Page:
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Overhaul proposed for handling sex assaults in Minnesota

Panel issues 47-page report with recommendations.

Posted: Dec. 18, 2018 6:59 PM

ST. PAUL, Minn. (AP) — Lawmakers need to take action to overhaul how police respond to sexual assault cases, a panel convened by Minnesota Attorney General Lori Swanson recommended Tuesday.

The blue-ribbon working group issued a 47-page report that makes a series of recommendations for the upcoming legislative session, and separate sets for law enforcement and prosecutors. They include improving investigations with mandatory standards, a focus on including victims and establishing a statewide coordinating council on sex crimes. It also calls for better training of police, more services for victims and audits of law enforcement responses to sex crimes.

Swanson assembled the task force after an investigation by the Star Tribune found widespread lapses in how sexual assault cases are handled, including failures in police training and staffing. The newspaper said it found that chronic errors and failings plague most rape investigations in Minnesota, and repeat rapists often slip past police.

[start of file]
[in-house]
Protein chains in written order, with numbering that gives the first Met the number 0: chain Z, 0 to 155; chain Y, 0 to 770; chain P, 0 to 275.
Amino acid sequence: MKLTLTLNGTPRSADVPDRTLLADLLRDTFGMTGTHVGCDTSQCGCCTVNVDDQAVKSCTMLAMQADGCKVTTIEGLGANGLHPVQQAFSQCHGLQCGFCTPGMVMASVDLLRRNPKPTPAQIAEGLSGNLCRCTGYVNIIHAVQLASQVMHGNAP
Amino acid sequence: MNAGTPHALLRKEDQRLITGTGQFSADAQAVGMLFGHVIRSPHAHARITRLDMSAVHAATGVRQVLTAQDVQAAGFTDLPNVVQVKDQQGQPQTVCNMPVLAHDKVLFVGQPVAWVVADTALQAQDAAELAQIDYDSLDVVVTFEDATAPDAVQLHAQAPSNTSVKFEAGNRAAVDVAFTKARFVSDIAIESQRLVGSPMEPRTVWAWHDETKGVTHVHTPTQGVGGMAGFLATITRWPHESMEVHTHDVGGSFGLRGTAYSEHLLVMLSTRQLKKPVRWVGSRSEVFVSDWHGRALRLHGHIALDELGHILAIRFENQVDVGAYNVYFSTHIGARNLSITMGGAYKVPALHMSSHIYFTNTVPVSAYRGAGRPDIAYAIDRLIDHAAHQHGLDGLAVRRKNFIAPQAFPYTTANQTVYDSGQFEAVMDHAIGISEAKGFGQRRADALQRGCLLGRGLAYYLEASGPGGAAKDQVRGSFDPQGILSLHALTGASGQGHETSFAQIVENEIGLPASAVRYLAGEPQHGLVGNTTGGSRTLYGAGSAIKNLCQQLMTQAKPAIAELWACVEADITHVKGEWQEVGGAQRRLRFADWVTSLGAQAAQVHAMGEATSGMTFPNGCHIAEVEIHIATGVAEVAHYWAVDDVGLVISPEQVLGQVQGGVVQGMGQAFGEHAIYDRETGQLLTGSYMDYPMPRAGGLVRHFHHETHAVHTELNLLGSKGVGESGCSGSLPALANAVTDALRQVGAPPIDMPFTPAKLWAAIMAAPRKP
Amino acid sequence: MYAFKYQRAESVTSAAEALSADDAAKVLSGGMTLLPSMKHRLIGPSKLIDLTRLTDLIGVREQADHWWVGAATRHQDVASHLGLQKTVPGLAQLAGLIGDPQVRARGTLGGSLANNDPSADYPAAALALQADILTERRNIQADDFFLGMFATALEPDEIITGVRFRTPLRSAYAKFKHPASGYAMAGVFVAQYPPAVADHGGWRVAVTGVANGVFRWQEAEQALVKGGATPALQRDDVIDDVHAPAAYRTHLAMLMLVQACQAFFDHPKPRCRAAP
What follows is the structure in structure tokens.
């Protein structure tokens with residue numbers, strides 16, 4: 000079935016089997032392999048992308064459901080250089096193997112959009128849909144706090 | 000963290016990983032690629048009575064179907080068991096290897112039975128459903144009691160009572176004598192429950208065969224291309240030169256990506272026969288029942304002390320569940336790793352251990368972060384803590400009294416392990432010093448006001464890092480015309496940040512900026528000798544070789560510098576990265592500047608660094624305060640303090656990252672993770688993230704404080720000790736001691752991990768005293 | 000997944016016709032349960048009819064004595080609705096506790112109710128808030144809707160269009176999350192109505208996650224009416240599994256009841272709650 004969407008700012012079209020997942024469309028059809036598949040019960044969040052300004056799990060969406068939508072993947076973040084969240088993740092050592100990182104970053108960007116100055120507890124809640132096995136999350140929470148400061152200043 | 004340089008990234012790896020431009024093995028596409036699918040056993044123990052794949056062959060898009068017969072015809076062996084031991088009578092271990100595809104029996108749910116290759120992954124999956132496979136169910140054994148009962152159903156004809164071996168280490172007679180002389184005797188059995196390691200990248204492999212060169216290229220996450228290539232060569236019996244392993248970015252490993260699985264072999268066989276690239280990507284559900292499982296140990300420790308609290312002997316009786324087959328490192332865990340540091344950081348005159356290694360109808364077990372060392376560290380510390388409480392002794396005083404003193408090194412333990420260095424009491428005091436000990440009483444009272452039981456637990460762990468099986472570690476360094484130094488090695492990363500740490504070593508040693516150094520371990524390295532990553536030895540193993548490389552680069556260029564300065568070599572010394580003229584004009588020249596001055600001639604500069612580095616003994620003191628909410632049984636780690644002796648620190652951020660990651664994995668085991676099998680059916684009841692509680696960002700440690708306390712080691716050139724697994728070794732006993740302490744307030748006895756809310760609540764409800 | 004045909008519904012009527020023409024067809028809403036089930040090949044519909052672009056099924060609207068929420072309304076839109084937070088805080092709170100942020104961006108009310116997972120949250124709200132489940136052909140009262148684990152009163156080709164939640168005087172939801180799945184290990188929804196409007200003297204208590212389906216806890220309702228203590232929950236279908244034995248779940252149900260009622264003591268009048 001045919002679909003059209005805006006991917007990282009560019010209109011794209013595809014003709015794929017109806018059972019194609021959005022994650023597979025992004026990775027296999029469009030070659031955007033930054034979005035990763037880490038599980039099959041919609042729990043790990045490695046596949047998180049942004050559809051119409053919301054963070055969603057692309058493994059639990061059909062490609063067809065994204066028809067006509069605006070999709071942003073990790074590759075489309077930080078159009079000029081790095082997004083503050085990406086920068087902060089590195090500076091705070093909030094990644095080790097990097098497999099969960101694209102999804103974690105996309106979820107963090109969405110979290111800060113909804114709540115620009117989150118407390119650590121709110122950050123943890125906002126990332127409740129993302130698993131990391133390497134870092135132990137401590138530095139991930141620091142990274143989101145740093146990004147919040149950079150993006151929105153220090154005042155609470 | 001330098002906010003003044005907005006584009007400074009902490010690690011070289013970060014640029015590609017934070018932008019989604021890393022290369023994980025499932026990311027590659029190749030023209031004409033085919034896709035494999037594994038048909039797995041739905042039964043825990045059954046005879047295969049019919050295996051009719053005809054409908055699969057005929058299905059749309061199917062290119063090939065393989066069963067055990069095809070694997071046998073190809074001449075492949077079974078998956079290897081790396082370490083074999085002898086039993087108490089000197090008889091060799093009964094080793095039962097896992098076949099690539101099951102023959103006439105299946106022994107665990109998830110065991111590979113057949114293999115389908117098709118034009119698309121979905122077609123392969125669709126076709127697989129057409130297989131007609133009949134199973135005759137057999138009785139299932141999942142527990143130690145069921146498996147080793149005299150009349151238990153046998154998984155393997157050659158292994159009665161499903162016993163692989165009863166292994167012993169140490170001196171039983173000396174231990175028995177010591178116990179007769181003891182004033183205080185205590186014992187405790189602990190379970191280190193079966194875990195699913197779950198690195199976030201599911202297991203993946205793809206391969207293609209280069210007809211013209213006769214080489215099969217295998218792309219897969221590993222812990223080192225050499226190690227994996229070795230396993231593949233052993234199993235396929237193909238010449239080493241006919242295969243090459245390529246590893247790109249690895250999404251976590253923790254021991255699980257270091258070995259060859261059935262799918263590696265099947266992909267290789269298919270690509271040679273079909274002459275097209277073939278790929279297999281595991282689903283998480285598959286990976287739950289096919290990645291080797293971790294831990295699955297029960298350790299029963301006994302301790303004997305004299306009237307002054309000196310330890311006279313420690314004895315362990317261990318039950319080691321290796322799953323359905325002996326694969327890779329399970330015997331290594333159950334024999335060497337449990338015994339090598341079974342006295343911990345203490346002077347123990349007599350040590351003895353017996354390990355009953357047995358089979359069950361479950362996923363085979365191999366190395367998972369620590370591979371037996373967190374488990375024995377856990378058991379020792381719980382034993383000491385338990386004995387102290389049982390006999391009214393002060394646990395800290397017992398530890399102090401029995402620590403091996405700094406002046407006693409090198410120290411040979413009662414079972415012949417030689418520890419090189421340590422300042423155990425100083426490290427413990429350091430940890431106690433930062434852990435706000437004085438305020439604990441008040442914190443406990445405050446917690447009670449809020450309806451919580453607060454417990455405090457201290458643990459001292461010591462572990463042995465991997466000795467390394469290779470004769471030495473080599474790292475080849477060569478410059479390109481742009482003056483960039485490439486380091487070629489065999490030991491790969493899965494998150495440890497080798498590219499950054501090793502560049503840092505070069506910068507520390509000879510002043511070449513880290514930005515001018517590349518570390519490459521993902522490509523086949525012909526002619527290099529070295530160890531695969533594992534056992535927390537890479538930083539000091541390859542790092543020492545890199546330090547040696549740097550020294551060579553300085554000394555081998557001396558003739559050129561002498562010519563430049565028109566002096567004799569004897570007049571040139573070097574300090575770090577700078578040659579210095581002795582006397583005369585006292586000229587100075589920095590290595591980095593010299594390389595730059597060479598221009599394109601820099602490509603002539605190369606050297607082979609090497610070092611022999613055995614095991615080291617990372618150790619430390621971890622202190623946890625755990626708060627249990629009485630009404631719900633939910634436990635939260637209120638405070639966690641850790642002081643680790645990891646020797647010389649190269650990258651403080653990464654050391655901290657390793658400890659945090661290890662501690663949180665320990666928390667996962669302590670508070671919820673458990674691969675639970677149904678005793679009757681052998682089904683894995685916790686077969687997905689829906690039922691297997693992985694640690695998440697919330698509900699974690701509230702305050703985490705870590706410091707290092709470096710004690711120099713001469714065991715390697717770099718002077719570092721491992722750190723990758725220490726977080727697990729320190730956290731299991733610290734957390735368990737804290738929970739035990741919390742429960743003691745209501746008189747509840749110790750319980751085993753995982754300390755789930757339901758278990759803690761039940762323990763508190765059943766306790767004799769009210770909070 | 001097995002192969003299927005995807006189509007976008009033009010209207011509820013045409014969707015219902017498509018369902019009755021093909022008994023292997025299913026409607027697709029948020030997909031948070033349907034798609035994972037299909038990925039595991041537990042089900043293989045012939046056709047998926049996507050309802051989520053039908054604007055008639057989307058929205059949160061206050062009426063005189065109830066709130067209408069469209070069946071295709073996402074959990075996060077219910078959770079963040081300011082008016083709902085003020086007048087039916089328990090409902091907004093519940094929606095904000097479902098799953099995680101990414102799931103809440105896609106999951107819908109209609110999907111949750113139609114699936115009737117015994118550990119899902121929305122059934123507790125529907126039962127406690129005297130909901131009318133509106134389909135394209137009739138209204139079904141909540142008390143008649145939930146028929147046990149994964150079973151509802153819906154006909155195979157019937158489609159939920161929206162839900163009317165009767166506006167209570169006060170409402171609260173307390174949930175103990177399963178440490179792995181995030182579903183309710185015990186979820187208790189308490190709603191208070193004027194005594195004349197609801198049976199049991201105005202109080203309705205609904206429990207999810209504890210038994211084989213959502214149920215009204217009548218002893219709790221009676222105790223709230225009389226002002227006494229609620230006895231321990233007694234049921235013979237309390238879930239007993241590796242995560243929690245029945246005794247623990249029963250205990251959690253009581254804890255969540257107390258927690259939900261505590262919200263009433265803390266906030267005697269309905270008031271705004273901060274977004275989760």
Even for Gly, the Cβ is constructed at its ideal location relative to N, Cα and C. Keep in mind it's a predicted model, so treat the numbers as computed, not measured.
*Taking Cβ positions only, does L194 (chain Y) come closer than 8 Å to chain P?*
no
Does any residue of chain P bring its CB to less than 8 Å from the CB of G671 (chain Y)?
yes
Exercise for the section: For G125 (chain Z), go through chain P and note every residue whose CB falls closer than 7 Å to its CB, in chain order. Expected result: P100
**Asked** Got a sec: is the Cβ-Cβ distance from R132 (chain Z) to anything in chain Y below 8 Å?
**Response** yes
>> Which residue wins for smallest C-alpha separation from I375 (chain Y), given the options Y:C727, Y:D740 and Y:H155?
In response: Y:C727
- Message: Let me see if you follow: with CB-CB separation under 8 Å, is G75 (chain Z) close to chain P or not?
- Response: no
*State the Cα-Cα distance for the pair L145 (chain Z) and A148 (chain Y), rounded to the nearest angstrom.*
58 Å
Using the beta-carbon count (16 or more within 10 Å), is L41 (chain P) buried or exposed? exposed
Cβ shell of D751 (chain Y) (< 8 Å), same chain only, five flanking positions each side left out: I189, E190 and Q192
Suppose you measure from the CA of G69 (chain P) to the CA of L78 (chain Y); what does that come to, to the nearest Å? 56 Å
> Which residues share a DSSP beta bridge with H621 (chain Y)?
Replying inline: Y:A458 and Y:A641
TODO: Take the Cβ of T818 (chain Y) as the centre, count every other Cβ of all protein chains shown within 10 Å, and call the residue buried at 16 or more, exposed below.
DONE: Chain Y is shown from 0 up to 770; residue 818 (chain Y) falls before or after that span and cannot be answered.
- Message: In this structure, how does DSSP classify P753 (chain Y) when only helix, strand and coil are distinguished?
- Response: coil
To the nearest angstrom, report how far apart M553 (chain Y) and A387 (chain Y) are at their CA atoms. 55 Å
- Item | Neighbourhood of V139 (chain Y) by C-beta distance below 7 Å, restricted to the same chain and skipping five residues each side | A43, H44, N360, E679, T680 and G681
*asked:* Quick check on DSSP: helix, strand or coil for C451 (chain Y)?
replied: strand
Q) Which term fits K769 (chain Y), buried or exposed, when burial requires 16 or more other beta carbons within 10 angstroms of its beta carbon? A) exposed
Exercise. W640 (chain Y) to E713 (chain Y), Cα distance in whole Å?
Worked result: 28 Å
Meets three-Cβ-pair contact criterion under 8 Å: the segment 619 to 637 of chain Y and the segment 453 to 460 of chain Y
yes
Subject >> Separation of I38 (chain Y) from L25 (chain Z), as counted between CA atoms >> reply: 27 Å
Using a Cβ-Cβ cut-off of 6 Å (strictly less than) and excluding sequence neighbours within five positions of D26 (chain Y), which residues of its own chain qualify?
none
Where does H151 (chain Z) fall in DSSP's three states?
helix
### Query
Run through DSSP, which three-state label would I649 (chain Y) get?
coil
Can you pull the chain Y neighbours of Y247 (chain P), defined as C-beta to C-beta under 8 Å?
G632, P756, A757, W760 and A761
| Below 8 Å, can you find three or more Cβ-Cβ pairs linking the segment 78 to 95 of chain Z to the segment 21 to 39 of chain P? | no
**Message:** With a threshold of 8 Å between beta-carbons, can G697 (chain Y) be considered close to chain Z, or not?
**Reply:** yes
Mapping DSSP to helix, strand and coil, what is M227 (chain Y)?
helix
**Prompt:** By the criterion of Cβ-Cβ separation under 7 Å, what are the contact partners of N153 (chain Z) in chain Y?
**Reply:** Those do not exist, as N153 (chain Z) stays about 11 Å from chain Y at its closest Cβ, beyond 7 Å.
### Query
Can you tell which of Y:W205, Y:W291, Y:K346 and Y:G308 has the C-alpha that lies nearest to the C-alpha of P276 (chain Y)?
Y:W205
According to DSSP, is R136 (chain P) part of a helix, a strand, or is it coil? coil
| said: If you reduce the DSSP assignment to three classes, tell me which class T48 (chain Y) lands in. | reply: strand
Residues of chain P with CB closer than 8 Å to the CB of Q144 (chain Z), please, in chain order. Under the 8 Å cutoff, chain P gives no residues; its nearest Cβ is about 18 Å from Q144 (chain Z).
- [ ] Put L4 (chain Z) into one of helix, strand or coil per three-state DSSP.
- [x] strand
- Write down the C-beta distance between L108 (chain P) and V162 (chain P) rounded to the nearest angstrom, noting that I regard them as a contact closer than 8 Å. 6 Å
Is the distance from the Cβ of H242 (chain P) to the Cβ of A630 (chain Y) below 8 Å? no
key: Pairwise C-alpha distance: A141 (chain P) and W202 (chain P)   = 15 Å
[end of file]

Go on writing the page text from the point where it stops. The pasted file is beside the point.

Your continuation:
Citing Minnesota Bureau of Criminal Apprehension data, the report said the percentage of reported rapes cleared by arrest in 2017 was barely half the success rate of murder investigations.

Swanson said at the group's final meeting that she wants the report to serve as a guide for lawmakers next year and in subsequent sessions. She said she'll continue to advocate for the recommendations even after she leaves office in three weeks.

"Non-action is not going to be an option," she said. "We have failed people here and we have got to stop failing the public."

Former Minneapolis City Council President Barb Johnson chaired the nine-person group, which also included representatives from law enforcement, prosecutors, victim advocates and medical professionals.

Teri McLaughlin, executive director of the Minnesota Coalition Against Sexual Assault, called the report a "great start" and expressed optimism that it will drive improvements.

"We need to really start by agreeing that we believe a crime has been committed," McLaughlin said. "In the same manner that we believe that of other crimes when they're reported. And from that and from that we have a basis to move forward."

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